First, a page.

“While J&J still has work to do, we support its efforts and will keep working with the company to make improvements,” said Erin Switalski, executive director at Women’s Voices for the Earth, a co-founder of the Campaign for Safe Cosmetics. “In addition to being a real win for public health, we believe that these commitments will bode well for J&J’s bottom line, too. Consumers are simply looking for the safest products out there.”
“While voluntary action on the part of manufacturers like Johnson & Johnson indicates that some in the cosmetics industry are getting the message that consumers want safer products,” said Cindy Luppi, director at Clean Water Action, a co-founder of the Campaign for Safe Cosmetics, “only stricter regulation of this $50 billion industry will ensure that all consumers are protected.”
The Safe Cosmetics Act of 2011, currently circulating in Congress, will phase out chemicals linked to cancer and reproductive harm; implement a strong safety standard designed to protect children, pregnant women and workers; require full disclosure of ingredients; and give FDA the authority to recall dangerous products.
“Today’s action by Johnson and Johnson is another example of a company responding to their customers and the public interest community,” said Nneka Leiba, senior analyst with Environmental Working Group, a co-founder of the Campaign for Safe Cosmetics. “Unfortunately, not every company will take similar steps to protect consumers from potentially toxic ingredients. That is why we need Congress and the cosmetics industry to support the Safe Cosmetics Act that will require substances be safe for human health before being used in the products we all use every day.”
The Campaign for Safe Cosmetics is a national coalition of more than 175 nonprofit organizations working to protect the health of consumers and workers by eliminating dangerous chemicals from cosmetics. www.safecosmetics.org
Again, the importance of eating breakfast cannot be overstated! Just do it and watch your extra pounds melt away (and decrease your risk of Type 2 Diabetes...as below). :)
Source: Medscape - http://www.medscape.com/viewarticle/765390?src=nl_crb
June 9, 2012 (Philadelphia, Pennsylvania) — Eating breakfast is associated with a decreased chance of developing type 2 diabetes mellitus (T2D), according to results of a new study. Andrew Odegaard, PhD, an epidemiologist at the University of Minnesota, Minneapolis, presented the research here at a poster session at the American Diabetes Association (ADA) 72nd Scientific Sessions.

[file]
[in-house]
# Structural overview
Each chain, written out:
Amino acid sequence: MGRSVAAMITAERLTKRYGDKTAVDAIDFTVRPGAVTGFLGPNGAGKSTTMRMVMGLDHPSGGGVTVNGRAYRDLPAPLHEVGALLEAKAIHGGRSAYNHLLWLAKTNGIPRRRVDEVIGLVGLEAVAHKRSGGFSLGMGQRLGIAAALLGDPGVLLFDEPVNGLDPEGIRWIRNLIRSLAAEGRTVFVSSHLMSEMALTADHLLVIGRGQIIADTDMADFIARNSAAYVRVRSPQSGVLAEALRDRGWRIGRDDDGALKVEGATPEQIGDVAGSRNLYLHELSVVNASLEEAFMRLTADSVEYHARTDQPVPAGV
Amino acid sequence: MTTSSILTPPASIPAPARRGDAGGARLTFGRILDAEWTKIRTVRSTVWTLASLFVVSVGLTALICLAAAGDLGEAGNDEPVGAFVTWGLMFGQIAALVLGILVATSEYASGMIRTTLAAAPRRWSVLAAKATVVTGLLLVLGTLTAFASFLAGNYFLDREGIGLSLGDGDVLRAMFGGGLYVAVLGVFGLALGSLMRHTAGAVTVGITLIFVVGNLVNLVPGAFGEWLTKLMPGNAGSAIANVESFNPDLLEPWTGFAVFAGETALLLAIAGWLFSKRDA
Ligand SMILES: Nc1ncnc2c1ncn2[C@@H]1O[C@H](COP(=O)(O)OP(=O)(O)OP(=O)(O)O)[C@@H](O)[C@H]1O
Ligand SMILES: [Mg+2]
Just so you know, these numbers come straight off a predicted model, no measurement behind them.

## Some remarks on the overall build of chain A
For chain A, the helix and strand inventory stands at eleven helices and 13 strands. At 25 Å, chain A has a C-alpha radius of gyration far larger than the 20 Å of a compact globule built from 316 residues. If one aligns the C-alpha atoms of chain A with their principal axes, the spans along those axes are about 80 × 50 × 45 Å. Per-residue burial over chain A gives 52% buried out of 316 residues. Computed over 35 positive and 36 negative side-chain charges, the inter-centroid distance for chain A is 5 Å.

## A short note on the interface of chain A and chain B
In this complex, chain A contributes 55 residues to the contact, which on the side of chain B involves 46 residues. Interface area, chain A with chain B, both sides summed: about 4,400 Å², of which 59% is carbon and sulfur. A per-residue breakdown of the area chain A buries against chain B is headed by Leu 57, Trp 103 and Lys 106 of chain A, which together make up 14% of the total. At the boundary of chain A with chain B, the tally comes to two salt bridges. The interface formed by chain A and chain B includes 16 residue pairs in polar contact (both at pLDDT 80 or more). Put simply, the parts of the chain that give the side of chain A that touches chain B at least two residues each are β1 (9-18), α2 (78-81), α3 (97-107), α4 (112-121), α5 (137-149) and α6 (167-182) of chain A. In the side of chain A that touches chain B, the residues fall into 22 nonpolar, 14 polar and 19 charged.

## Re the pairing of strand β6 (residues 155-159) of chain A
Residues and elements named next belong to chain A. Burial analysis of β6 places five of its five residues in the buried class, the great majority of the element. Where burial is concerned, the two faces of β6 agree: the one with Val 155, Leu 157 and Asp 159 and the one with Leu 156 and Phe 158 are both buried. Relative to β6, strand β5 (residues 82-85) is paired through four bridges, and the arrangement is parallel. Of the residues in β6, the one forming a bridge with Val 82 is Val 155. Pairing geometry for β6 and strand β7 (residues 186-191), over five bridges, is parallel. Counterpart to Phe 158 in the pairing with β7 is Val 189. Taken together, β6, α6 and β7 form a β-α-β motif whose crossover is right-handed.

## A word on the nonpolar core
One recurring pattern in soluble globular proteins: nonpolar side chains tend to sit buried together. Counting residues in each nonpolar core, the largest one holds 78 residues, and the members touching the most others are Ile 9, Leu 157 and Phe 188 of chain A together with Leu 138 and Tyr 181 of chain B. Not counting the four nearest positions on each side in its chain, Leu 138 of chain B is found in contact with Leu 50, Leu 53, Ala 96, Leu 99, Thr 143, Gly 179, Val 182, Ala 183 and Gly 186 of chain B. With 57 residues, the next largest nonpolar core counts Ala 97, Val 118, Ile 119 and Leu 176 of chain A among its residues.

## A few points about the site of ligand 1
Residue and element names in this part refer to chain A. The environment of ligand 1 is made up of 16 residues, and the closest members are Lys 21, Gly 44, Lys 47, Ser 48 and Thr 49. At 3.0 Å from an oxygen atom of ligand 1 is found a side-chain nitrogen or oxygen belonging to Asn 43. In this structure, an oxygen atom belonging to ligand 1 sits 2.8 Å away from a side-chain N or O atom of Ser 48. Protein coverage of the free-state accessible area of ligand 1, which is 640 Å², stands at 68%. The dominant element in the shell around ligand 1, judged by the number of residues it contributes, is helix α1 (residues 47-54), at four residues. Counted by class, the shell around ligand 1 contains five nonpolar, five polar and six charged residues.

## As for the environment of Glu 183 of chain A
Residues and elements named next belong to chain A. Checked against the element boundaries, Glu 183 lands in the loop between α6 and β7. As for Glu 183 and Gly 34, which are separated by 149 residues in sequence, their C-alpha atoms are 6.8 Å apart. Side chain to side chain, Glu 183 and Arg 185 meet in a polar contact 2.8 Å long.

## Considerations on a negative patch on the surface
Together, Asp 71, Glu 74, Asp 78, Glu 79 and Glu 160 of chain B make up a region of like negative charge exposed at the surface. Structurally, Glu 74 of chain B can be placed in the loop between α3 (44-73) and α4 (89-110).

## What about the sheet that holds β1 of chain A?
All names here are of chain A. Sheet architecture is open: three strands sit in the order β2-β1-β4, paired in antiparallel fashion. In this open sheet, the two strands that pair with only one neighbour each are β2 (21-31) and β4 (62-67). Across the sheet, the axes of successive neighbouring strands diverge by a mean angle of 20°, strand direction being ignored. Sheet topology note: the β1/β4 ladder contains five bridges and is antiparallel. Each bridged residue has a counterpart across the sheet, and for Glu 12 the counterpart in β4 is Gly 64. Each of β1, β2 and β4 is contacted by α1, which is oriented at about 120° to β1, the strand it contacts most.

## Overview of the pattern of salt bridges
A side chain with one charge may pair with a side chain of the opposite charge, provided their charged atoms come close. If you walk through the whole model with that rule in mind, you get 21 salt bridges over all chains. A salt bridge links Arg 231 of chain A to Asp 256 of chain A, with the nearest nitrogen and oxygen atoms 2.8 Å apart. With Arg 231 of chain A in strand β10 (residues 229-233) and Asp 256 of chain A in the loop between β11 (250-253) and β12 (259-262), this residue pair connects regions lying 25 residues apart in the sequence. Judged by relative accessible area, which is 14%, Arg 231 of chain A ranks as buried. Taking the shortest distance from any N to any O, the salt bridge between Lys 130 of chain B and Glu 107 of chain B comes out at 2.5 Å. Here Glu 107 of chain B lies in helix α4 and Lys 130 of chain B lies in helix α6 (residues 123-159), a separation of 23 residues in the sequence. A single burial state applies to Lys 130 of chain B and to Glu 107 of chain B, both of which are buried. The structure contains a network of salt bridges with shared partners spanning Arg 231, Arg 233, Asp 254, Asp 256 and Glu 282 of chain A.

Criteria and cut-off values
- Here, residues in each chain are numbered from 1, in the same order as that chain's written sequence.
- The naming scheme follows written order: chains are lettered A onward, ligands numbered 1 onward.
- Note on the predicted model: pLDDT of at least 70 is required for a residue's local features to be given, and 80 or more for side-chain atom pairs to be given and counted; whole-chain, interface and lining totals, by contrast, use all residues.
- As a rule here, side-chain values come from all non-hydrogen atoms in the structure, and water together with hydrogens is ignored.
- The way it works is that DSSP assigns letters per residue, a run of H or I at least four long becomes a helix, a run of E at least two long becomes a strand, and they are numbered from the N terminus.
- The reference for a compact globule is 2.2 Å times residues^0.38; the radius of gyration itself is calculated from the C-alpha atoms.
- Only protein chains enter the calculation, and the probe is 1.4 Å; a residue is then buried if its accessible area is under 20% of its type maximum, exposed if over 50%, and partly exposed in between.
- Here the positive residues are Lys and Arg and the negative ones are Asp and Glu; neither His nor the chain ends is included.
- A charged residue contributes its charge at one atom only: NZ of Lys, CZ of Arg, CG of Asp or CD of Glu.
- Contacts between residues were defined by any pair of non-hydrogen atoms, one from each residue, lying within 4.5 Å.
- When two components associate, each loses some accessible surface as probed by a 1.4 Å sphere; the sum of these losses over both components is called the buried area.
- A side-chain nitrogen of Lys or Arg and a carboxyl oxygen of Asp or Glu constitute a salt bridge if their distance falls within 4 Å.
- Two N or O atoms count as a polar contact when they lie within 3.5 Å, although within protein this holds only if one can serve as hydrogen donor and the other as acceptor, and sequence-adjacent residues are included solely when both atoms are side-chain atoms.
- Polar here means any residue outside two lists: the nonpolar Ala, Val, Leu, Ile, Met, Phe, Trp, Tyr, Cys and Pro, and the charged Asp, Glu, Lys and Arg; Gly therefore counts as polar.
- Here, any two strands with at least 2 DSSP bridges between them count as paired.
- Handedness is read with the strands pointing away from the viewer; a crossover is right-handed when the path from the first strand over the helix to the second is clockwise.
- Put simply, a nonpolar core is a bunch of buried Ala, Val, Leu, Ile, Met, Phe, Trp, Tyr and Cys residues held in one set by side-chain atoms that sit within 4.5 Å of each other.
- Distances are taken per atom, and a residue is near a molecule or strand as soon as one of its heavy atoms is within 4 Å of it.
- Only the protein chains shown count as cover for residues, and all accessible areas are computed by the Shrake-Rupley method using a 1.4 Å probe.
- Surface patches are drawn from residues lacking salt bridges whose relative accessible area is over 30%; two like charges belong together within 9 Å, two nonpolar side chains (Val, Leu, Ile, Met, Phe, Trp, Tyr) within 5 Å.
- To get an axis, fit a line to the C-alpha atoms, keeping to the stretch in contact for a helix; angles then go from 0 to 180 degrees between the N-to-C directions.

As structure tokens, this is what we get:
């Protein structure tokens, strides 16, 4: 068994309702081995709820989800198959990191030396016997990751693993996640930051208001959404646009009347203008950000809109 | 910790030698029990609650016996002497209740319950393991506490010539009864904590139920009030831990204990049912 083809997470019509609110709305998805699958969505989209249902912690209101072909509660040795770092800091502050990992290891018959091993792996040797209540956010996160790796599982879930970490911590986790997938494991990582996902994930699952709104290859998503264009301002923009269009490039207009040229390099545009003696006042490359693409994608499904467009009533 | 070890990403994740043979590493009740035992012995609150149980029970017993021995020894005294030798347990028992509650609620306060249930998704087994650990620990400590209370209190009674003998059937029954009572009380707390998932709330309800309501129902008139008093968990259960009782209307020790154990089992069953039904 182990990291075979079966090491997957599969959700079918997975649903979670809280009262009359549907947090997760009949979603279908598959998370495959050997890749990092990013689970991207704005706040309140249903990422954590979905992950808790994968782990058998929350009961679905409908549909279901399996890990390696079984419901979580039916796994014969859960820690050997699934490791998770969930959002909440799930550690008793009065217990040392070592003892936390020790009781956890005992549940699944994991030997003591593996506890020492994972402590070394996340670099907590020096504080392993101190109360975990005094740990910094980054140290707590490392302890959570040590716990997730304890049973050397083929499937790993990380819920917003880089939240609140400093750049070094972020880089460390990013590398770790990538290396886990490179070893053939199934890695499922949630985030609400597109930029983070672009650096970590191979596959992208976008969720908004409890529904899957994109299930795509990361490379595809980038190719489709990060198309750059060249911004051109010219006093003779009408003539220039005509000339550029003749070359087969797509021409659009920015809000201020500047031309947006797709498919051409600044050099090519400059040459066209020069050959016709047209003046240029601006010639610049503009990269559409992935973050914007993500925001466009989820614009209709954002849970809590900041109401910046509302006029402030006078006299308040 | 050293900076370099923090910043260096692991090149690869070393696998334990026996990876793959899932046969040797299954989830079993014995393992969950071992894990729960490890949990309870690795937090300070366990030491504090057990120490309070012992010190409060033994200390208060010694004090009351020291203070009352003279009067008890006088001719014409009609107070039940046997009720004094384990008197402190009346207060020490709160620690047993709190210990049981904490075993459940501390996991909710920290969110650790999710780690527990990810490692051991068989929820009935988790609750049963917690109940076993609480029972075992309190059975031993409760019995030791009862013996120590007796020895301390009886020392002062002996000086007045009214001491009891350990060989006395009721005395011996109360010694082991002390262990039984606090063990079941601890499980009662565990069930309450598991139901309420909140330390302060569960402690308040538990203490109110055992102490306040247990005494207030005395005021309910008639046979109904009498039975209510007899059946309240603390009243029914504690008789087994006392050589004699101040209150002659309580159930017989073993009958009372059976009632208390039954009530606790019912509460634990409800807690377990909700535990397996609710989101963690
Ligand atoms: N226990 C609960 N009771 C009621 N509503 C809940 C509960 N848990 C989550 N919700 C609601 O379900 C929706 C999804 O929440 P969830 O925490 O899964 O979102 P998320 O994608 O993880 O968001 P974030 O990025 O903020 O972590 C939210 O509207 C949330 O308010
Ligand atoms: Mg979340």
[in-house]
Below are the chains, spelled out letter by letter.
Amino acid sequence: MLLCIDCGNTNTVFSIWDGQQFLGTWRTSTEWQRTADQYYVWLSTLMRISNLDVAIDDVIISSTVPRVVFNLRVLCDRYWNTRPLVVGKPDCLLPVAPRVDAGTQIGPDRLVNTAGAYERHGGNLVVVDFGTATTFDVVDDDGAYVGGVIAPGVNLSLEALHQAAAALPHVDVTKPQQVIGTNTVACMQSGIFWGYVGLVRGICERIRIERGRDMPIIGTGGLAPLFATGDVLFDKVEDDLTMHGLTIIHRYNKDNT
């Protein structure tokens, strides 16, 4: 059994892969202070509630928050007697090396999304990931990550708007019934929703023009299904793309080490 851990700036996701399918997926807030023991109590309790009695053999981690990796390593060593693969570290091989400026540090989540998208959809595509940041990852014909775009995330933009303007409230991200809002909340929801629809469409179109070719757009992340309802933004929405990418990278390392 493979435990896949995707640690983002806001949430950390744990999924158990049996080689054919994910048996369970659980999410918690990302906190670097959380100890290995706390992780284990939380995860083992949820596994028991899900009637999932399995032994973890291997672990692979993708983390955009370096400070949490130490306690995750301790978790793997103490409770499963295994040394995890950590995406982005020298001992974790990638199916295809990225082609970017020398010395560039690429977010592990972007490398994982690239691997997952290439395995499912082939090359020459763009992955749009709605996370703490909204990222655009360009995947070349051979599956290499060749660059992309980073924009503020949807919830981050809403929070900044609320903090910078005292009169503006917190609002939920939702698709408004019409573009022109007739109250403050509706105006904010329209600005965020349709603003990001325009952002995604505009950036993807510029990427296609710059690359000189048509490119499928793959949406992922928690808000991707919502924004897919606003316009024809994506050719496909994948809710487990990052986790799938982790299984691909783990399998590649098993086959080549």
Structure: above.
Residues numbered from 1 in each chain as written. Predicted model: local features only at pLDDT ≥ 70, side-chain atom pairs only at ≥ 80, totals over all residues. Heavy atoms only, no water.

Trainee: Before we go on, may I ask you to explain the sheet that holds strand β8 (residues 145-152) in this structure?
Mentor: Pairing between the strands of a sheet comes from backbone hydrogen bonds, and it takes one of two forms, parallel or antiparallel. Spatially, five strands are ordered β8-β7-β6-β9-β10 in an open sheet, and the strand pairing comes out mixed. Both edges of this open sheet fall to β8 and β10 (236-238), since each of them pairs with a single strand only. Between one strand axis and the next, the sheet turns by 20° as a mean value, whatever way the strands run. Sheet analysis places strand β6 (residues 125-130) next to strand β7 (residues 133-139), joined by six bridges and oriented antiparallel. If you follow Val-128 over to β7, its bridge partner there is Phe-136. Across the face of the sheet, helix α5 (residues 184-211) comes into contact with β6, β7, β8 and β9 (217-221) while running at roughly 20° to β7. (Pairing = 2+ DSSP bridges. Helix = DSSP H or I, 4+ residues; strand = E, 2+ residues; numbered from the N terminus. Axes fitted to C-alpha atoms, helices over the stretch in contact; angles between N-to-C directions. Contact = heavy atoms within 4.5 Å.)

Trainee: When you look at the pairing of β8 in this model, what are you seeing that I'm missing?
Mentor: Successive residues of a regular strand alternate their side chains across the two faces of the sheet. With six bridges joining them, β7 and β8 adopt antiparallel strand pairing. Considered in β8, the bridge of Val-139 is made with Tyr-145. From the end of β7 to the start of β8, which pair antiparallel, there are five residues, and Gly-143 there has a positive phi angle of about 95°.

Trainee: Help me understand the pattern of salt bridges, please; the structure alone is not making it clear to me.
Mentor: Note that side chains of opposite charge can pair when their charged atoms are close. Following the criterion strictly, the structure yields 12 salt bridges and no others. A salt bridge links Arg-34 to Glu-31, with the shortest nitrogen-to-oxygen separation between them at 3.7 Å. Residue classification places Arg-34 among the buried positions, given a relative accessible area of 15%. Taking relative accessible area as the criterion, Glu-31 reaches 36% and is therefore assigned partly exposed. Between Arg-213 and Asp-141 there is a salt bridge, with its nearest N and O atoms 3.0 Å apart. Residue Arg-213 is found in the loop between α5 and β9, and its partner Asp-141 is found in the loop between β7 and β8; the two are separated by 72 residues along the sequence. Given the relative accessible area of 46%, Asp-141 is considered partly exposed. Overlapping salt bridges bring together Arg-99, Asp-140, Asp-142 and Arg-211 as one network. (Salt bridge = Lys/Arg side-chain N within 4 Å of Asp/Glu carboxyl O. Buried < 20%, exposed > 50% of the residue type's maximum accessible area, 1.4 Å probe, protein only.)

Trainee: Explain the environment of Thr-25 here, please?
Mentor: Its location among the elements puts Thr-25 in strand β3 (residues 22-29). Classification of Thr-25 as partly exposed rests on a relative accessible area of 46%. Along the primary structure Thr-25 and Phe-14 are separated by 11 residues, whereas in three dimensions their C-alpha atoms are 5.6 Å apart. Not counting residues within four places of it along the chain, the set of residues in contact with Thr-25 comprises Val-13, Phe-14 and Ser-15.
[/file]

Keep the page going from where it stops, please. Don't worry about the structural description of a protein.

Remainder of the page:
Nutritional guidelines have long recommended that people eat breakfast, but there has been little research on the relationship between morning eating habits and development of T2D.
The researchers conducted an analysis of the Coronary Artery Risk Development in Young Adults (CARDIA) study, which is a longitudinal study of 5115 black and white women between the ages of 18 and 30 years who were initially examined in 1985 through 1986. To date, participants have been reexamined at year 2, year 5, year 7, year 10, year 15, and year 20 (2005 - 2006).
Data collected include a number of cardiac risk factors, including smoking, blood pressure, and cholesterol, as well as behavioral and psychological data and a dietary history questionnaire that recorded dietary caloric intake and breakfast frequency.
In the current study, researchers looked at 3598 participants who did not have T2D at the time of their year 7 examination in 1992-1993 (age, 25 - 37 years; average age, 32 years; body mass index [BMI], 26.7 kg/m2; breakfast, 4.1 days/week).
T2D was defined as a fasting glucose level of 126 mg/dL or higher, 2-hour postchallenge glucose level of 200 mg/dL or higher, HbA1c level of 6.5% or higher, or taking antidiabetic medication. The researchers used Cox regression to calculate hazard ratios (HRs) for T2D, adjusting for year 7 age, sex, race, clinic, alcohol intake, smoking, physical activity, diet quality, fast food visits/week, and total energy intake.
For each additional day/week of breakfast intake, there was a 5% decrease in risk of developing T2D (HR, 0.95; 95% confidence interval [CI], 0.91 - 0.99).
Compared with participants who ate breakfast between 0 and 3 times per week, those who ate breakfast 5 times or more had a 31% reduction in T2D risk (HR, 0.69; 95% CI, 0.54 - 0.88). They also gained less weight (0.5 kg/m2 less weight gain; P = .01).
Those with higher diet quality had lower incidences of T2D, but breakfast frequency was more important, as it predicted T2D risk across diet quality score quartiles.
When the researchers adjusted for year 7 BMI, the risk reduction for breakfast 5 or more days/week was less and no longer statistically significant (HR, 0.86; 95% CI, 0.68 - 1.10).
"Overall, our findings show an inverse relation between increasing breakfast frequency and T2D, probably mediated by BMI," the researchers write in the abstract.
Dr. Odegaard has disclosed no relevant financial relationships.
American Diabetes Association (ADA) 72nd Scientific Sessions: Abstract 1364-P. Presented June 10, 2012.